There are few who will argue that any business armed with a clear, well thought out and articulated business plan is positioning for failure. On the other hand, many would agree that a business lacking such a plan is not poised for success. Without one, under-performance is more or less assured.
So what then should a business plan contain? Is it a fixed or iterative document? In an industry such as real estate where so many are independent contractors, is it really necessary? Business plan templates are as plentiful as the industries in which they are employed. Naturally, a factory in the practice of producing a certain number of widgets on the production line will have a very different template to that of a real estate agent’s plan. Yet, at the end of the day, both templates serve to achieve the same end result for their creators, and contain certain, fundamental similarities: they must be written down, actionable, measurable and include accountability benchmarks.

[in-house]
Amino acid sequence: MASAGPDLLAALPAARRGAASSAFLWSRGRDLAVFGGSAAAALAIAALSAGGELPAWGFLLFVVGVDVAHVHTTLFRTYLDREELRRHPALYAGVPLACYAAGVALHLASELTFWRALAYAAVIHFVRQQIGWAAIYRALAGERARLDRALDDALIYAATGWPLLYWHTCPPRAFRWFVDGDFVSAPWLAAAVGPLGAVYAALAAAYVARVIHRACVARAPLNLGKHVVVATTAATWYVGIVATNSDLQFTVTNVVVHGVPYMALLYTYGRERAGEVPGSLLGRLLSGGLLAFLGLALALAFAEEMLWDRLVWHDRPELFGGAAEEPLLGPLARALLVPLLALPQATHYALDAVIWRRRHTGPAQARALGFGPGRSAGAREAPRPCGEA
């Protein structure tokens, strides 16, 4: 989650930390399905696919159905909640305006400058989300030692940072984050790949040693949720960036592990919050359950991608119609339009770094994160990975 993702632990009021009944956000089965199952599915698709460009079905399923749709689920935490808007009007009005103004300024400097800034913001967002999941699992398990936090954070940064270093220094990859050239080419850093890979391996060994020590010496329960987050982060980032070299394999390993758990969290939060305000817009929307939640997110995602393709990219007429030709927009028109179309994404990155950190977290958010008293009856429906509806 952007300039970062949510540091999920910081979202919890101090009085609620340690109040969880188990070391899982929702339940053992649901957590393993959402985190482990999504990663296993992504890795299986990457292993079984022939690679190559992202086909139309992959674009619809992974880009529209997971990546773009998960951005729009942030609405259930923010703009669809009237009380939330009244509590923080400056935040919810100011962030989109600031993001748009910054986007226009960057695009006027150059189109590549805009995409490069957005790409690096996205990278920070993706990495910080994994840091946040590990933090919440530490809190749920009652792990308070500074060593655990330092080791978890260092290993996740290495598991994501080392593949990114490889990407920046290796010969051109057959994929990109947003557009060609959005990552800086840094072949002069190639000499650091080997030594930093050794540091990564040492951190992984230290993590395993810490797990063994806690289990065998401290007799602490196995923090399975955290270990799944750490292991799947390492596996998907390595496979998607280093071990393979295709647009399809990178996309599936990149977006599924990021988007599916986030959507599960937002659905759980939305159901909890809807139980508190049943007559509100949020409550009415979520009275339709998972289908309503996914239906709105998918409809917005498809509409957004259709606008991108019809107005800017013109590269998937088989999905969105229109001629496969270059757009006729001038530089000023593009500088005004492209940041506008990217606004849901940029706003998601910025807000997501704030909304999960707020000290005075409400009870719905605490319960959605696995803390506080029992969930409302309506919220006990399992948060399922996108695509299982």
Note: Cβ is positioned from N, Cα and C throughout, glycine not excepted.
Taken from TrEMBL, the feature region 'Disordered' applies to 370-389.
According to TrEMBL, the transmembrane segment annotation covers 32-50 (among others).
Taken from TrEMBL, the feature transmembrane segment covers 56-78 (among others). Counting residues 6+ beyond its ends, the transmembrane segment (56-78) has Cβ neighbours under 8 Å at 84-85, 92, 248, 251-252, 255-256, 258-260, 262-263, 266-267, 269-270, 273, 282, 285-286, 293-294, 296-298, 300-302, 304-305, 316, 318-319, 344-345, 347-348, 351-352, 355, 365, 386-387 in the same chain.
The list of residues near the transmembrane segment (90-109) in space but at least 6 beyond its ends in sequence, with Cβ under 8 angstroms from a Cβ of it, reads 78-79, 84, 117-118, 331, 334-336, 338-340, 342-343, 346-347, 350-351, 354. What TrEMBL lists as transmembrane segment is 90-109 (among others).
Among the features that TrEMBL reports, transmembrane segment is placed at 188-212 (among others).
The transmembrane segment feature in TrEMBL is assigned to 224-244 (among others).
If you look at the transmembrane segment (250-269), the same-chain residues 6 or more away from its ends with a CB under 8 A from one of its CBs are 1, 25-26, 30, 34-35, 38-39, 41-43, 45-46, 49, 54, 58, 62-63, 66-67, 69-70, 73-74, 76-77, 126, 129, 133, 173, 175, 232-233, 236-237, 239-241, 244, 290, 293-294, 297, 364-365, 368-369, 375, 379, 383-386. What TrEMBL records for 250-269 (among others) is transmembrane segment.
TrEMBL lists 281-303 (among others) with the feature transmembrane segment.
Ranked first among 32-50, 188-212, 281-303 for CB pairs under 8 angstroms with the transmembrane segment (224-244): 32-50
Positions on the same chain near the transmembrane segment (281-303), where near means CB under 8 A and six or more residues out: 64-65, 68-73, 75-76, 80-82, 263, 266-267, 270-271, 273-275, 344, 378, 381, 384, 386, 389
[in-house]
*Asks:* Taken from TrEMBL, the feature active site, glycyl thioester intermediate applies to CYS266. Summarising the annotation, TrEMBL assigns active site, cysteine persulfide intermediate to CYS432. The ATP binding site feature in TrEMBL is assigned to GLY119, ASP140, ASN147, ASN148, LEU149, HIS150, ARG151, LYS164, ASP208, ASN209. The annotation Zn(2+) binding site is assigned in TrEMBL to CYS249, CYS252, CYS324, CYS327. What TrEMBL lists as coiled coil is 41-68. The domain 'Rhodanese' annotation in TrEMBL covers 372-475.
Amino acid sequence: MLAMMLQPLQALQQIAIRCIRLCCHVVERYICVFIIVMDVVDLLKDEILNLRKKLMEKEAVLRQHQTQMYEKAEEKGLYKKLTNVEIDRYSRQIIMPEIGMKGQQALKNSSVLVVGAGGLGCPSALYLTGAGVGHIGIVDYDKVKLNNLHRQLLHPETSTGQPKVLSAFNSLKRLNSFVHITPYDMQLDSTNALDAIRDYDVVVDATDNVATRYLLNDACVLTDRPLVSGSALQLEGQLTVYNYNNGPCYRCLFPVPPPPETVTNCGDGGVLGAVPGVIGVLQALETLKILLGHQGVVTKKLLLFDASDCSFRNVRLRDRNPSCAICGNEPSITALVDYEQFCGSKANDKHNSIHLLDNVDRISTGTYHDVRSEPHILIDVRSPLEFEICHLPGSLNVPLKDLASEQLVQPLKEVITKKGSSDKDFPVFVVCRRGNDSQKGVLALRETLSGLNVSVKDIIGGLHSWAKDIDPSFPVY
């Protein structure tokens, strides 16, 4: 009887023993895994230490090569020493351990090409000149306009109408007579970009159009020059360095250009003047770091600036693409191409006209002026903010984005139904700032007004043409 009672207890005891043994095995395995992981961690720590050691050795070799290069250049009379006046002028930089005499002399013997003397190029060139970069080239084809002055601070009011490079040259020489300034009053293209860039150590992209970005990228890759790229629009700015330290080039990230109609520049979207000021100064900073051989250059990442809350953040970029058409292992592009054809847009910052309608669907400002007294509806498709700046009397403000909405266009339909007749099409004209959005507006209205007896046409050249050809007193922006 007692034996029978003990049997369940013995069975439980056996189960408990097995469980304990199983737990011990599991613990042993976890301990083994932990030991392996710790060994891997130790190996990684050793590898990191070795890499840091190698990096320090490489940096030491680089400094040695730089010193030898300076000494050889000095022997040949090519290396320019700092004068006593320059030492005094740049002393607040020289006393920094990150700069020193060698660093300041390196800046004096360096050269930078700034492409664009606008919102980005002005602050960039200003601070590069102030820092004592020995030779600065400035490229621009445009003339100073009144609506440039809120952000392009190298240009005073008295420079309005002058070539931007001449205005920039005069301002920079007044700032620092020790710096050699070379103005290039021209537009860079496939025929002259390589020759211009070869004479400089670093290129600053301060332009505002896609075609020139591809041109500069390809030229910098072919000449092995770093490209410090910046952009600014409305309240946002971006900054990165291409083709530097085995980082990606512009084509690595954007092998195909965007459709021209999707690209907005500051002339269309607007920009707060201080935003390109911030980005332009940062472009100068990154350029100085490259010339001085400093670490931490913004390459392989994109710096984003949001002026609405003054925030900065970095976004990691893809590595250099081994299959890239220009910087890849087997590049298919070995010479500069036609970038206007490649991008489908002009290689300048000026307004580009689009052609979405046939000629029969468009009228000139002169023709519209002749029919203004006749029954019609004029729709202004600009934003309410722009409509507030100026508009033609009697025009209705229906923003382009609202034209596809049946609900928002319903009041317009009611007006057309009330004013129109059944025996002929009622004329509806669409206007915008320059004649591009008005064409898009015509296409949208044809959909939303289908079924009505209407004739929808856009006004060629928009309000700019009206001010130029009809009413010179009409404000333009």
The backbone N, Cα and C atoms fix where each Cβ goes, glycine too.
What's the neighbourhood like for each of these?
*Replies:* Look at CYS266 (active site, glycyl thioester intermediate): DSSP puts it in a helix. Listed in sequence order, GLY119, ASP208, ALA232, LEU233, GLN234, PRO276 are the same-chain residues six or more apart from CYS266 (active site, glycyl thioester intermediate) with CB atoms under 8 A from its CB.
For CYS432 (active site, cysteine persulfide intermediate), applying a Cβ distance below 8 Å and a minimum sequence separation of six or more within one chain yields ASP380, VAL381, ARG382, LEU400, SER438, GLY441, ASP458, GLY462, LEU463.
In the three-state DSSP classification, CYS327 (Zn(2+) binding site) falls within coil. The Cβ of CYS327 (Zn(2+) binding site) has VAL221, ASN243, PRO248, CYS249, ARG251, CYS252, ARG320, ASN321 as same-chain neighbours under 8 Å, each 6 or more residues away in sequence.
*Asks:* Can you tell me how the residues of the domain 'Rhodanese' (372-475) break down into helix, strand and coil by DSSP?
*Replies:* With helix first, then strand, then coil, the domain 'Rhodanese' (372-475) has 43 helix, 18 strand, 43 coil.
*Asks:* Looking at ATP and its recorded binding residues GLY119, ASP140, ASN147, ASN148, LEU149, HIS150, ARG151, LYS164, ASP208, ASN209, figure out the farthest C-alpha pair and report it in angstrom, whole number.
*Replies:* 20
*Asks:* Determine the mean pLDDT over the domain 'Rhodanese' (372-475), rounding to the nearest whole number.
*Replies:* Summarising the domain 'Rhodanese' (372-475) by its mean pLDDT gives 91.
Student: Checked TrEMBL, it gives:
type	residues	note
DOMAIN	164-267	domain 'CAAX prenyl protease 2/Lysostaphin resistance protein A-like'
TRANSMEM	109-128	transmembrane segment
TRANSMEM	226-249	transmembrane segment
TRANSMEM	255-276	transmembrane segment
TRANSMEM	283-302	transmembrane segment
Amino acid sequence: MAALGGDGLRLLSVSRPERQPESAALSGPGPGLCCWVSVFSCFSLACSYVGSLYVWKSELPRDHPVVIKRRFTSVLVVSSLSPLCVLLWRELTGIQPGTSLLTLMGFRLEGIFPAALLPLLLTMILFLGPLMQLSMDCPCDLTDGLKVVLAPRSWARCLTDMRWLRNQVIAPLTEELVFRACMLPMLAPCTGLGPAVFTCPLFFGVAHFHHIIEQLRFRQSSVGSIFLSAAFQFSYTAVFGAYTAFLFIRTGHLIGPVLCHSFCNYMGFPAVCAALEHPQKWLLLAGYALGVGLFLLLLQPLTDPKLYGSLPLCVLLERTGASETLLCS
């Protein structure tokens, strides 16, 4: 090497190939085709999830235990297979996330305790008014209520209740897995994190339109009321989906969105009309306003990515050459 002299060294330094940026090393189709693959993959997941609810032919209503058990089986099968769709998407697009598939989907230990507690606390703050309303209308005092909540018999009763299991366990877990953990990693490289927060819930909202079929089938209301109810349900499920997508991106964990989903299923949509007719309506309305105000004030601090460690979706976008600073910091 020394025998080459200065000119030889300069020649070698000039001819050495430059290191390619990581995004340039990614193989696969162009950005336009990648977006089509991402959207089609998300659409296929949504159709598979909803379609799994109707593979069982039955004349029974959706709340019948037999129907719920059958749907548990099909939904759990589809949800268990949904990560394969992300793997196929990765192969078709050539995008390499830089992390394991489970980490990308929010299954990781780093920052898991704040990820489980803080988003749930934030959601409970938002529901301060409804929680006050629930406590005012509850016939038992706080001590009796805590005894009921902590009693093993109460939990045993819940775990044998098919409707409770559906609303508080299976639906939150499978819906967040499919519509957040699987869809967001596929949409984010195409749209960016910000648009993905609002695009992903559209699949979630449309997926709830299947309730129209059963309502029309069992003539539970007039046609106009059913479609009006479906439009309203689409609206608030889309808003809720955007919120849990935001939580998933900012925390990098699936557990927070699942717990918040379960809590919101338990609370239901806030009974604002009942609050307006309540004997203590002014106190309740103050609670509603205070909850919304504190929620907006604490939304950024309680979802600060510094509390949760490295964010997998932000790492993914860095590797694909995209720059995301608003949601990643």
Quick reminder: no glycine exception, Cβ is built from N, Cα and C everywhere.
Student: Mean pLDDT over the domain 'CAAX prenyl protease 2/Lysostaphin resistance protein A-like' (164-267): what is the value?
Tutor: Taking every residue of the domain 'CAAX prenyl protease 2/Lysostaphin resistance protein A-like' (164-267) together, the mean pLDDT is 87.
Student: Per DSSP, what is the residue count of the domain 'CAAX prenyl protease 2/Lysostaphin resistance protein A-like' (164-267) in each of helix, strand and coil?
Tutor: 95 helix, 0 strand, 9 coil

As an industry, Real Estate Sales is one which attracts people from all walks of life. It’s not uncommon for new Realtors® to have little if any business background or acumen. If you are one of the fortunate ones who does know his or her away around common practices such as business correspondence, budget creation and management, marketing, or corporate negotiations, then you are already ahead of the game assuming you use what you know and practice the basics. Writing your plan will come easily. If business planning represents utterly new territory, then hopefully I’ll be able to offer some valuable insights to help get you started.
Over the coming days, I’ll be posting some pointers on building an effective plan beginning with developing and creating a mission statement. Personally, I believe it to be the pivotal component to any plan. After all, if you’re not clear on where your headed or what you want your business to be, how you intend to get there isn’t particularly material.